STANFORD — As thousands of nurses remain on the picket line outside Stanford Hospital and Lucile Packard Children’s Hospital amid ongoing contract negotiations, fear and frustration have set in for many as Stanford Health Care warned that health benefits will be cut off for all nurses not on the job May 1st.
It’s a major oversight from union leaders who told this news organization they did not anticipate that Stanford Health Care would rescind nurses’ health benefits during the strike, which is completely legal. And, though the union brass informed members prior to the April 7 strike authorization vote that they could lose their benefits, 93% of unionized nurses still voted to strike.
In a notice to nurses out on strike, Stanford Health Care said nurses not on the job at the beginning of the month will have to apply for health coverage through COBRA, a federal program that allows employees to temporarily extend their group health benefits usually at very high costs.
“Standard national practice is that employer-paid benefits are only provided to employees who are actively working,” Stanford Health Care said in a statement. “During this work stoppage, we’ve made it clear that nurses who choose to strike may continue their health coverage through COBRA… This standard practice is not unique to our hospitals and applies to any of our employees who are not working, are on unpaid status and are not on an approved leave.”
The message came as a shock to many nurses who rely on medical benefits to pay for the medical care they are receiving. Nurses’ union president Colleen Borges said in an interview Thursday many nurses have immediate medical needs they need to pay for, including weekly mental health appointments, prenatal appointments and even lung disease therapies that would be inordinately expensive if benefits are cut off.
But both Borges and union vice president Kathy Stromberg admitted they didn’t consider that nurses would lose their healthcare benefits during the strike when weighing the pros and cons of direct action in seeking a new contract.
“What we have known to be the practice is that you remain eligible,” Borges said. “There has never been a practice that you have to work. Your benefits are uninterrupted.”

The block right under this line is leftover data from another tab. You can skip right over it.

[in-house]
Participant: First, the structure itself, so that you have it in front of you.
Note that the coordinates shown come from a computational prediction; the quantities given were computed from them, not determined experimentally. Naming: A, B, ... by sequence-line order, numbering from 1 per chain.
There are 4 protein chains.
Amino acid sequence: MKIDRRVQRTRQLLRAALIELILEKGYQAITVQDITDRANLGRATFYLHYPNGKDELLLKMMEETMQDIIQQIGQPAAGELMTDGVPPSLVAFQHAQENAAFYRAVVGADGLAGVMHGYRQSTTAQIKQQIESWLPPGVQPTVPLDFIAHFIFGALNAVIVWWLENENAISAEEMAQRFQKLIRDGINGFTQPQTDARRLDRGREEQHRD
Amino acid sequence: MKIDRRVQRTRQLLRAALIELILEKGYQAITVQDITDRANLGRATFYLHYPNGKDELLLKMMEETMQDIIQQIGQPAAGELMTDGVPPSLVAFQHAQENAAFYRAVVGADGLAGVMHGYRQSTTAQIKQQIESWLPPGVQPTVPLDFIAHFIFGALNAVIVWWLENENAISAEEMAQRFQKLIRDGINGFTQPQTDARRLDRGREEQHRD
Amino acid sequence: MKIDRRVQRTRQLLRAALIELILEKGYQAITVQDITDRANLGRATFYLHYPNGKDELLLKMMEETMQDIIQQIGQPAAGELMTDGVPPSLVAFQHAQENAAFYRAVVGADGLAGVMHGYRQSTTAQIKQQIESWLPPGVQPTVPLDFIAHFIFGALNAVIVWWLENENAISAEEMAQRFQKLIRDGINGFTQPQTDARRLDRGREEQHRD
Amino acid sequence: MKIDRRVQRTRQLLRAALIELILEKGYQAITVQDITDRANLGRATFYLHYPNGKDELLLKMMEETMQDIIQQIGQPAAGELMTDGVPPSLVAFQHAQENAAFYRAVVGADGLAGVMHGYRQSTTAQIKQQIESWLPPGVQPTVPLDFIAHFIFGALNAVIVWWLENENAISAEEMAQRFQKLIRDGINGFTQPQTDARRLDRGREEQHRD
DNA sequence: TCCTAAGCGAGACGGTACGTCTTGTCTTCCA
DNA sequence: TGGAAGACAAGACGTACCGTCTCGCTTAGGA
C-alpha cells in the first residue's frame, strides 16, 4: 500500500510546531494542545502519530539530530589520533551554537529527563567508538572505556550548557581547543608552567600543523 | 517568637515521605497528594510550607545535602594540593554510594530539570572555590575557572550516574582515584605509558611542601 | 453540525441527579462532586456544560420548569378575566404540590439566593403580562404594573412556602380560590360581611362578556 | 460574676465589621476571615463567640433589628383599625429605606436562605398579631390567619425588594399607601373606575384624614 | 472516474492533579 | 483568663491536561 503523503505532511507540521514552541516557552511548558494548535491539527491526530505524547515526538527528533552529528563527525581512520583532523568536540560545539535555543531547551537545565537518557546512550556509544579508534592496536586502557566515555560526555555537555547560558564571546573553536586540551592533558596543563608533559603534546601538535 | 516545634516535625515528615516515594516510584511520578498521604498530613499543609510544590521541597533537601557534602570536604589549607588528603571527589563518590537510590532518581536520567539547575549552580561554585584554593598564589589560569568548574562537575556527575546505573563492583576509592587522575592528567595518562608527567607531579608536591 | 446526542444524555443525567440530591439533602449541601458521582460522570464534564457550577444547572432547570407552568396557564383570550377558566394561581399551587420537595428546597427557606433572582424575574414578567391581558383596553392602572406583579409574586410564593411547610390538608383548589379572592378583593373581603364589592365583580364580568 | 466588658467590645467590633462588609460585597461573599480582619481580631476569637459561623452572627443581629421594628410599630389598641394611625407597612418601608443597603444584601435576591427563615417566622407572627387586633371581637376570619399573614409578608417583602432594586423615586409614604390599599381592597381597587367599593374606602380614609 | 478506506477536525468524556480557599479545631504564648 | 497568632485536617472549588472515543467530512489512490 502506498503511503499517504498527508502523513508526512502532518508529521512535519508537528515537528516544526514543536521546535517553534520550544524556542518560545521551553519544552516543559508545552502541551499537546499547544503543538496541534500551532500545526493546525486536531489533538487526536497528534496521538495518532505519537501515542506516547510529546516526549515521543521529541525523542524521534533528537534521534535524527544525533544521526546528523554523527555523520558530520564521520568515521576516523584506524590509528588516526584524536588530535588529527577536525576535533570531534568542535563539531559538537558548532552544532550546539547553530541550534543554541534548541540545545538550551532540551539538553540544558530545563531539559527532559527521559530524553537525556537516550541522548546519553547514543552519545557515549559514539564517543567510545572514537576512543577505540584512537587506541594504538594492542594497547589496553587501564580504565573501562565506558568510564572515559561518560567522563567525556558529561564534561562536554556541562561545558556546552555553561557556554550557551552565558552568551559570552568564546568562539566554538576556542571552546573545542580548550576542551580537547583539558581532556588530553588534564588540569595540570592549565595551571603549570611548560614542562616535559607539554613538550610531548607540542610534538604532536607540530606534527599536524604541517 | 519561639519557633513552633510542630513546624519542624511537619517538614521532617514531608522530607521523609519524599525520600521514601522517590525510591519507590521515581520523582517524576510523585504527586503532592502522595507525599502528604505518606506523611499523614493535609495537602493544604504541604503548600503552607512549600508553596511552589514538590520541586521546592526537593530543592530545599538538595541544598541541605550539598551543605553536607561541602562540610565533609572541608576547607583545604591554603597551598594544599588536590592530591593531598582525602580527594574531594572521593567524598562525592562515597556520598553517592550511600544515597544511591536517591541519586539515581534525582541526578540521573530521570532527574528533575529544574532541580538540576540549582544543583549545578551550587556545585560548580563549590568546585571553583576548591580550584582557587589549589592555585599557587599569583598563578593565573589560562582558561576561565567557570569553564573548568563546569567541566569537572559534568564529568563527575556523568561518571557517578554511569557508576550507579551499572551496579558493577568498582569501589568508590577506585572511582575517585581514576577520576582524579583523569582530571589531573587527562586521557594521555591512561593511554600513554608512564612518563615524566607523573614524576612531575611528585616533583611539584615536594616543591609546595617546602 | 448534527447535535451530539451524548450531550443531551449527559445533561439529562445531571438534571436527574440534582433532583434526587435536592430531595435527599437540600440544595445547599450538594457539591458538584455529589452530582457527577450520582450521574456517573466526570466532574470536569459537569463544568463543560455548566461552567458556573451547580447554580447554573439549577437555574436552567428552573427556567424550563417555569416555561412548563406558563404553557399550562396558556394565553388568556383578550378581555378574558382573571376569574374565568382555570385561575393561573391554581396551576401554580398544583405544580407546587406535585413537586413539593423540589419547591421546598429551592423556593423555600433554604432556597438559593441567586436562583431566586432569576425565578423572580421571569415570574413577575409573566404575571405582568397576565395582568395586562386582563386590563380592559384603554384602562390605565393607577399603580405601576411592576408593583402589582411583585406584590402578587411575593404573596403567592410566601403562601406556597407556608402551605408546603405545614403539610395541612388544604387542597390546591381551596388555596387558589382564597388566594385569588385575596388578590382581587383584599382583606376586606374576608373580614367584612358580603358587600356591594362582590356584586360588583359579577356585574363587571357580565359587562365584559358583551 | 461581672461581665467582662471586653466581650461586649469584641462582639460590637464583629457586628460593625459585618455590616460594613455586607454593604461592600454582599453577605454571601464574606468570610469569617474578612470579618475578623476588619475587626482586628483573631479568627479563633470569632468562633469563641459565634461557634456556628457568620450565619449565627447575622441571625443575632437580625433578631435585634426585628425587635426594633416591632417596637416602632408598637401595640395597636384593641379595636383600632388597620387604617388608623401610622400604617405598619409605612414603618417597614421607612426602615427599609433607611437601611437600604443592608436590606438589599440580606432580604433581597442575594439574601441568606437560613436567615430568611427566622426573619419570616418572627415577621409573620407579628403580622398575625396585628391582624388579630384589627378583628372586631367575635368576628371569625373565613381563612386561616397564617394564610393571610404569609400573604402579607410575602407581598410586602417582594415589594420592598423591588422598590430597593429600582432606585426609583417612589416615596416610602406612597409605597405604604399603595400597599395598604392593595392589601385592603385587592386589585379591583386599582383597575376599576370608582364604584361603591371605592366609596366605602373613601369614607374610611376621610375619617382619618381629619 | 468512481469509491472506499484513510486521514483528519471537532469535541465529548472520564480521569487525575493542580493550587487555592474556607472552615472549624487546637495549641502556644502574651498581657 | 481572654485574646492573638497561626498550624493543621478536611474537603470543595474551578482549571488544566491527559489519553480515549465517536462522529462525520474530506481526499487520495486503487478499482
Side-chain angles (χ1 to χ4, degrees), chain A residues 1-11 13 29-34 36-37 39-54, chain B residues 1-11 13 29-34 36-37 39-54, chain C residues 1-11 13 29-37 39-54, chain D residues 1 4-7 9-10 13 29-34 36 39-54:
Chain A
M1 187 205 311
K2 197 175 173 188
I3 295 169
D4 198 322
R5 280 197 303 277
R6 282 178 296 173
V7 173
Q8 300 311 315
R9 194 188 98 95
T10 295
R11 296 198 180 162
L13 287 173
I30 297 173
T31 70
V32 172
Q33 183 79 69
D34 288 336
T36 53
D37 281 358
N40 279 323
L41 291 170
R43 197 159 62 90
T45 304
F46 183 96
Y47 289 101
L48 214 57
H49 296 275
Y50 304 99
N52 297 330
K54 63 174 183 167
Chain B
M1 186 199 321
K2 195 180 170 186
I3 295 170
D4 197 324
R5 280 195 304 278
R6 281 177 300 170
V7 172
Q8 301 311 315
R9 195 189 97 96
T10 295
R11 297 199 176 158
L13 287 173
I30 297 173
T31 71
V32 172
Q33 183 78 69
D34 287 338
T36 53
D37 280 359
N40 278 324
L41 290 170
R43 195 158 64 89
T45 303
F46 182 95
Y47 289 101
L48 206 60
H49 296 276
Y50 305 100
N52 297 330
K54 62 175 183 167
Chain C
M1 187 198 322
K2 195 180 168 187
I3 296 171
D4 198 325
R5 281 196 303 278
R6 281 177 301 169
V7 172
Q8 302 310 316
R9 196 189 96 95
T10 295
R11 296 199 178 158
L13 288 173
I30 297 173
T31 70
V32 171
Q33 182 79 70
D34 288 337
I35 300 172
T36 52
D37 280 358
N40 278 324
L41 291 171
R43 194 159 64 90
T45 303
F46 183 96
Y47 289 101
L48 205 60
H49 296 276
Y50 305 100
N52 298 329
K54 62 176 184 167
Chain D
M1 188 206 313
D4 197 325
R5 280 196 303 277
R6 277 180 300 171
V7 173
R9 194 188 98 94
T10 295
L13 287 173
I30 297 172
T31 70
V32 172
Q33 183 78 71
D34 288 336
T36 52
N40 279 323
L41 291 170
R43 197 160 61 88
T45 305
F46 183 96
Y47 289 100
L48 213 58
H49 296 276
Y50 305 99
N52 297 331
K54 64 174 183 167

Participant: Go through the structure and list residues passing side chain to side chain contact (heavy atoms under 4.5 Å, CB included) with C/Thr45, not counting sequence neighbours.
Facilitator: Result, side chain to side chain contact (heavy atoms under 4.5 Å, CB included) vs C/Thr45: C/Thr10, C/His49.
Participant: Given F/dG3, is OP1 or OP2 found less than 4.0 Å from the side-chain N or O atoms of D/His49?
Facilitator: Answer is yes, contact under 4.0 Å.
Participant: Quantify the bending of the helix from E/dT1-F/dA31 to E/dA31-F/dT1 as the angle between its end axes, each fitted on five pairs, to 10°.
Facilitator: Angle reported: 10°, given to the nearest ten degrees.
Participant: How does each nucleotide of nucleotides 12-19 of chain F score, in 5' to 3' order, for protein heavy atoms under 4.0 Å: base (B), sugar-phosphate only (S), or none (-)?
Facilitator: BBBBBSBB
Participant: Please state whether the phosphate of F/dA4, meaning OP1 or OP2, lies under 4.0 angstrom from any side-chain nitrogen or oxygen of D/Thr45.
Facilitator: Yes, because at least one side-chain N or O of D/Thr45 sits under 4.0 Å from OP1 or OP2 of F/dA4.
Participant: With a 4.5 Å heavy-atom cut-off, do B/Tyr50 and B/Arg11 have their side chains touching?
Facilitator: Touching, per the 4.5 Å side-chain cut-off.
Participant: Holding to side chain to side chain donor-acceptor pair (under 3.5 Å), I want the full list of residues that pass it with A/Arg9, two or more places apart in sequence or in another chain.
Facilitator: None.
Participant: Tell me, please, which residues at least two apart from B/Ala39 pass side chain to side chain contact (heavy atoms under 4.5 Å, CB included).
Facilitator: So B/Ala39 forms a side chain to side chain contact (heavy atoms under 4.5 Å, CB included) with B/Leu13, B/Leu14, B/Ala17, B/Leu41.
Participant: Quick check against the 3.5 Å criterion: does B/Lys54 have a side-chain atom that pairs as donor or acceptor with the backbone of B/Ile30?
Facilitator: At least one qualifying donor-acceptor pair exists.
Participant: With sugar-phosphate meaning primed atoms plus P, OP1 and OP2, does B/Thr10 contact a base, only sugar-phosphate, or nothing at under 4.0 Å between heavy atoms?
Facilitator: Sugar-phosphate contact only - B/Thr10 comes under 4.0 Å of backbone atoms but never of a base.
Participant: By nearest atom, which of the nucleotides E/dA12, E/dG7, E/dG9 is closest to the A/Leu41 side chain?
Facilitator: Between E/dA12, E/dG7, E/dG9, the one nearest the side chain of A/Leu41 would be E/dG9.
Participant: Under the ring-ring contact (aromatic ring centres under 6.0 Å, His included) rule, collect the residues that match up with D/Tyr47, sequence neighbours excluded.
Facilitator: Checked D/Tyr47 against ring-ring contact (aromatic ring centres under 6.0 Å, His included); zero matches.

In a statement Wednesday, Democratic Congresswoman Anna Eshoo of Menlo Park said she is “deeply disturbed” that nurses will lose their benefits and made clear she “opposes any and all efforts to take away health insurance from workers and their families.”
U.S. Senator Alex Padilla also joined nurses on the picket line Friday to show his support for the strike, and to talk about the health care coverage issue.
For nurses who rely on their coverage like pregnant Packard bedside nurse Jessica Butler, the news she might lose her benefits for the month of May — even if Stanford, Packard and the union reach an agreement next week — is too much to bear.
“It feels like a slap in the face,” Butler said. “They say they value us but this is showing that that’s not true.”
But nurses who were part of the last strike in 2000 which lasted over 50 days say cutting off benefits to striking nurses is not standard practice and could be a union-busting tactic aimed at forcing a deal sooner. According to several nurses familiar with the 2000 strike, nurses were given the choice to continue their health benefits by writing checks to the Stanford Health Care Benefits department, not through COBRA.
Borges — who in 2000 was a bedside nurse not in a leadership role with the union — said that Stanford Hospital gave nurses “medical coupons” in order for them to pay the hospital for benefits during the time of the strike. It’s the same practice for any nurse who goes on leave, she said.
“When you were out on leave and you no longer were in paid status you would pay your benefit through these coupon books that the hospital gives us,” Borges said. “That is what I recall. I don’t ever recall paying for COBRA. I never purchased COBRA and in looking back several nurses also did not see payments to COBRA, but to Stanford itself.”
The difference now, Borges said, is that the “hospital told us we are no longer eligible for benefits as of May 1st and our benefits would stop.” And she added that “even if we come back to work sometime in May, Stanford said they would not be able to reinstate our benefits until June 1st.”
When asked about the “medical coupon” system employed in 2000, Stanford Health Care spokeswoman Julie Greicius said her team “will need some time to look into this” but confirmed that back then, “as today, nurses who choose to strike may continue their health coverage through COBRA.”
ICU nurse Rachel Gratz-Beken said she hopes the hospital will rescind its decision to cut off benefits for striking nurses as COBRA payments tend to be quite high.
As it stands, she will have to pay $4,500 to keep her and her two children covered next month. One of her kids, who is a competitive gymnast, suffered a minor injury for which she needs medical attention in May, so the COBRA payment was a “huge eye-opener for her.”
“That’s quite a bit of money considering we had no idea about this,” Gratz-Beken said. “Right now I’m insured by the Stanford healthcare plan and I pay around $100 per paycheck which is reasonable. But $4,500? It makes me extremely upset, and disheartened and left me in disbelief. My family will take a financial hit during this time.”